The 2016 breach was covered up by the ride-sharing firm Uber which paid hackers $100,000 (£75,000) to erase the information.
The organization’s previous CEO Travis Kalanick thought about the rupture over a year back, as indicated by Bloomberg, which initially broke the news.
The hackers discovered 57 million names, email locations and cell phone numbers, Uber said.
Inside that number, 600,000 drivers had their names and permit subtle elements uncovered. An resource page for those influenced has been set up.
Drivers have been offered free credit observing insurance, yet as indicated by Uber’s announcement, influenced clients won’t be given the same.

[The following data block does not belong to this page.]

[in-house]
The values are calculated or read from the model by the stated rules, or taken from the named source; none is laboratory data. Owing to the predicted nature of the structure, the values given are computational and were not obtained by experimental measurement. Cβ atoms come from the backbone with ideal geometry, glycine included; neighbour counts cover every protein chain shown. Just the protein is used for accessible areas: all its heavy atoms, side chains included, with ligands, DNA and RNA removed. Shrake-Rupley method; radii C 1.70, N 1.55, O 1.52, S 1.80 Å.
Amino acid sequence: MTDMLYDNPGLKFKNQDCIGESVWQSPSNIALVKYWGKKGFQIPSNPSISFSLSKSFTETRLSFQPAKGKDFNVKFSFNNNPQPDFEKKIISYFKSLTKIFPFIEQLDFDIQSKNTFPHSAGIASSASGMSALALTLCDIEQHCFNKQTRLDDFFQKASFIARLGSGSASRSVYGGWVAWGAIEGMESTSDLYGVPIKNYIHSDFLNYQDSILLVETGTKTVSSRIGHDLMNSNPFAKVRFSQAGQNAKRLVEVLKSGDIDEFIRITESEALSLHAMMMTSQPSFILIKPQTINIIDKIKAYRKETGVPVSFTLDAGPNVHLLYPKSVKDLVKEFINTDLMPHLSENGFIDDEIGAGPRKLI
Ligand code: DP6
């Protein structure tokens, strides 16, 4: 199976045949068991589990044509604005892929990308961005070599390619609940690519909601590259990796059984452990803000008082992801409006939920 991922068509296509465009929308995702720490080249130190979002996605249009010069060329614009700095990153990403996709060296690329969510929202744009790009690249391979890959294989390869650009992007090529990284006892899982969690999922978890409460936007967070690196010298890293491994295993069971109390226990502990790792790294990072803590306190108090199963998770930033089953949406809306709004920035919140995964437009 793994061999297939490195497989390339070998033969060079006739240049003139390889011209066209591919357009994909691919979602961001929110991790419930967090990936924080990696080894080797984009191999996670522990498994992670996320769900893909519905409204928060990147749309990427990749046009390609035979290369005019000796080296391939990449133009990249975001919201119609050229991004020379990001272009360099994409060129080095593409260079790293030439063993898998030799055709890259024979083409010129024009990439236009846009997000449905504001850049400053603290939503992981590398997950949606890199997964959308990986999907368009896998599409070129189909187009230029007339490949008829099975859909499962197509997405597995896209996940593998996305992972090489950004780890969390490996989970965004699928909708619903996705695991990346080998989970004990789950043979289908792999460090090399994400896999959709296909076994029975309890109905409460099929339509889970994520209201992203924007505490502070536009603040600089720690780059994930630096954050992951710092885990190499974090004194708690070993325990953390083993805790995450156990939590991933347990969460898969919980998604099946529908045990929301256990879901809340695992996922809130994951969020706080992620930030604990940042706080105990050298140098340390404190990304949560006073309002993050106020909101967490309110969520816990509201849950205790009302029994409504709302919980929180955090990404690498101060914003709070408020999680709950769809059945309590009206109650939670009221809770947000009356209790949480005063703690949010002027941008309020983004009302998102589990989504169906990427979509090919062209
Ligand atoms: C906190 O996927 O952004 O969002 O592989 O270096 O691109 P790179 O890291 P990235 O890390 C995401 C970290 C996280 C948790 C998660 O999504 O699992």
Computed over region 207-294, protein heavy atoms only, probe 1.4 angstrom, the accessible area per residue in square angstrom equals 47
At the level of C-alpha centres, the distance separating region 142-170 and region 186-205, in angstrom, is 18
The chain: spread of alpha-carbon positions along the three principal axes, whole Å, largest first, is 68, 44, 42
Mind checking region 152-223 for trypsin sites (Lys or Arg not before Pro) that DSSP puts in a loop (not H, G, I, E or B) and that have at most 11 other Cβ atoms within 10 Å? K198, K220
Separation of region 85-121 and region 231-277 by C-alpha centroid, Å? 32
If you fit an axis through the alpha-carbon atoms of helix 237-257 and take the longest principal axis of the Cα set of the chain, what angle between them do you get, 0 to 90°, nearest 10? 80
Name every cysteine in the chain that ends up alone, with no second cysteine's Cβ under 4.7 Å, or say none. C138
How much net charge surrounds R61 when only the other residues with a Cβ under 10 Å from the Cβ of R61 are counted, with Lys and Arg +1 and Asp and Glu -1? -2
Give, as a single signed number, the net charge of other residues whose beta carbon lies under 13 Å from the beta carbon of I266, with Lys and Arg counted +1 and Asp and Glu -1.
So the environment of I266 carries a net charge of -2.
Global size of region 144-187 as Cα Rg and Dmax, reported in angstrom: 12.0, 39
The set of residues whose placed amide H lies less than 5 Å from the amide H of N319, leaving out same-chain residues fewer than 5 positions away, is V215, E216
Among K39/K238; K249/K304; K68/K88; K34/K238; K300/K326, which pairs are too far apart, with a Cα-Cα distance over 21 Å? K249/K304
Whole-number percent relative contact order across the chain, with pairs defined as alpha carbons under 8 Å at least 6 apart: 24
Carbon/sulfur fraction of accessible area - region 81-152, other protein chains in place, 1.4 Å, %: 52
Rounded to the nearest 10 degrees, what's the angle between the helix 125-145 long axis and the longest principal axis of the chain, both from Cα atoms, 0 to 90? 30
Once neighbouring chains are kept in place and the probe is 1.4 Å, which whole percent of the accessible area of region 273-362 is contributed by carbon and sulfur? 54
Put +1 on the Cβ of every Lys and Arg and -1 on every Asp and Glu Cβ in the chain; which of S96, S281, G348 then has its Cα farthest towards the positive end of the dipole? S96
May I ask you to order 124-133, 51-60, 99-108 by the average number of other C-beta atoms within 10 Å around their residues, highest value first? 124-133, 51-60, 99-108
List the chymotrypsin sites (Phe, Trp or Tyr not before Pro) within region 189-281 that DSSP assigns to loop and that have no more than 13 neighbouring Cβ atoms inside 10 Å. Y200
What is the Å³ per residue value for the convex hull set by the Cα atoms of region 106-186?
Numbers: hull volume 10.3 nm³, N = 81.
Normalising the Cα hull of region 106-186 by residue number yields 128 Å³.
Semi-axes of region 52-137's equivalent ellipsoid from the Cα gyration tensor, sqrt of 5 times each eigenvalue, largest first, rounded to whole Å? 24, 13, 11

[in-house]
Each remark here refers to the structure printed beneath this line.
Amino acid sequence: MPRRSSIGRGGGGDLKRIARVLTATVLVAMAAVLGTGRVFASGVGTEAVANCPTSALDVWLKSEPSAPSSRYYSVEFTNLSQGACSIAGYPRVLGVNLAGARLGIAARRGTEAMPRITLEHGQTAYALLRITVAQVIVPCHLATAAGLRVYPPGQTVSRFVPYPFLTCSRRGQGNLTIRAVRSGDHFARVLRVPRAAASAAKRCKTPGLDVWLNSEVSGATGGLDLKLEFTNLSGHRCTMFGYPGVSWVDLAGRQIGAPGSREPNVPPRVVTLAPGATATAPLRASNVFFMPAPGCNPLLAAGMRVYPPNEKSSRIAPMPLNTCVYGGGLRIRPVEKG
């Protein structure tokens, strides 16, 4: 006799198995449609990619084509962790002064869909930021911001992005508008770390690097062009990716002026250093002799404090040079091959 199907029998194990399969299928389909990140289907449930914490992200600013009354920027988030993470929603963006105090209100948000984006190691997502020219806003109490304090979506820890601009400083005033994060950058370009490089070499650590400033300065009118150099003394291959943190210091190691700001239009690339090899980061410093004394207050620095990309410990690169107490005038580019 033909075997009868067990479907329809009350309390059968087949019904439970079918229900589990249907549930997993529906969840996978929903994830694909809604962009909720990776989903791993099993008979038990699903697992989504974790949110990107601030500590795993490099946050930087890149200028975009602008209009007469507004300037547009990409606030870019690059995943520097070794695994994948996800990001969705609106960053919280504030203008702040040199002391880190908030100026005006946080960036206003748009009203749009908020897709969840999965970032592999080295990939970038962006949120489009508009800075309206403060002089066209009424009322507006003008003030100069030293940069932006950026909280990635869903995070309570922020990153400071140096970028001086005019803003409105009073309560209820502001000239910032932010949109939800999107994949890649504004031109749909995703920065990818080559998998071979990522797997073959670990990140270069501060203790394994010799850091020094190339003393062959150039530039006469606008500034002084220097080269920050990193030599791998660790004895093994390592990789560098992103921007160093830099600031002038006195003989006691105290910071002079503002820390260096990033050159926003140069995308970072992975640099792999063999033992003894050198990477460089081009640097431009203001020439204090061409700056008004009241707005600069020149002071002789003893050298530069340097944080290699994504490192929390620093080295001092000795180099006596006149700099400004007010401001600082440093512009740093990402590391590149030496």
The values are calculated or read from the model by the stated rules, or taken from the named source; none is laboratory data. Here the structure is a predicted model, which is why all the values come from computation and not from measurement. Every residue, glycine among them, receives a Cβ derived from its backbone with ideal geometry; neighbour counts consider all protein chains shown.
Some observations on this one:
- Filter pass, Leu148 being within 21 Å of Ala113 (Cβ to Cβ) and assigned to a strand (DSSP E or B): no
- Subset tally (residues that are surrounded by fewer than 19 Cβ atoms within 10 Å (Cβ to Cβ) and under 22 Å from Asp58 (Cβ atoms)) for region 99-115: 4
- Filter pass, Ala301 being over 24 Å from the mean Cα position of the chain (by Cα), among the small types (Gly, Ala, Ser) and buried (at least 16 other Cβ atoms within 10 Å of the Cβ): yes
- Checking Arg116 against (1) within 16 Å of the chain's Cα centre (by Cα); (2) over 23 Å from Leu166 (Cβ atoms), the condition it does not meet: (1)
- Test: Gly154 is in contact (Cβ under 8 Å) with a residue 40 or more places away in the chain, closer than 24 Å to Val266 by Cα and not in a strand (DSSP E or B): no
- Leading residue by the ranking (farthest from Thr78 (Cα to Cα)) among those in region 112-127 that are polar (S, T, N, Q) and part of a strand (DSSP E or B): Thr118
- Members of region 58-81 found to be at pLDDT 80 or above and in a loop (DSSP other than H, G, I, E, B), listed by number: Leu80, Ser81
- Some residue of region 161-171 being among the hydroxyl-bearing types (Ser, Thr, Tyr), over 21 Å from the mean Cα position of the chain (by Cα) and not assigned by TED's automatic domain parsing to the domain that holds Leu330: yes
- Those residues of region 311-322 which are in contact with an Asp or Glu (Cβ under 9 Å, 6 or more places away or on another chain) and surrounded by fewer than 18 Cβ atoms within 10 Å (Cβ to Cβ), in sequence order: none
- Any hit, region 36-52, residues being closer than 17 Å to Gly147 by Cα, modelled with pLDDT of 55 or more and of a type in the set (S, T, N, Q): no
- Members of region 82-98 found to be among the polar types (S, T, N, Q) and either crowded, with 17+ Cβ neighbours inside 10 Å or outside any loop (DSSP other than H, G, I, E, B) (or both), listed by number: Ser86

“While we have not seen evidence of fraud or misuse tied to the incident, we are monitoring the affected accounts and have flagged them for additional fraud protection,” Uber’s chief executive Dara Khosrowshahi said.
“None of this should have happened, and I will not make excuses for it,” he added.
“While I can’t erase the past, I can commit on behalf of every Uber employee that we will learn from our mistakes.”
In the wake of the news, Uber’s chief security officer Joe Sullivan has left the company.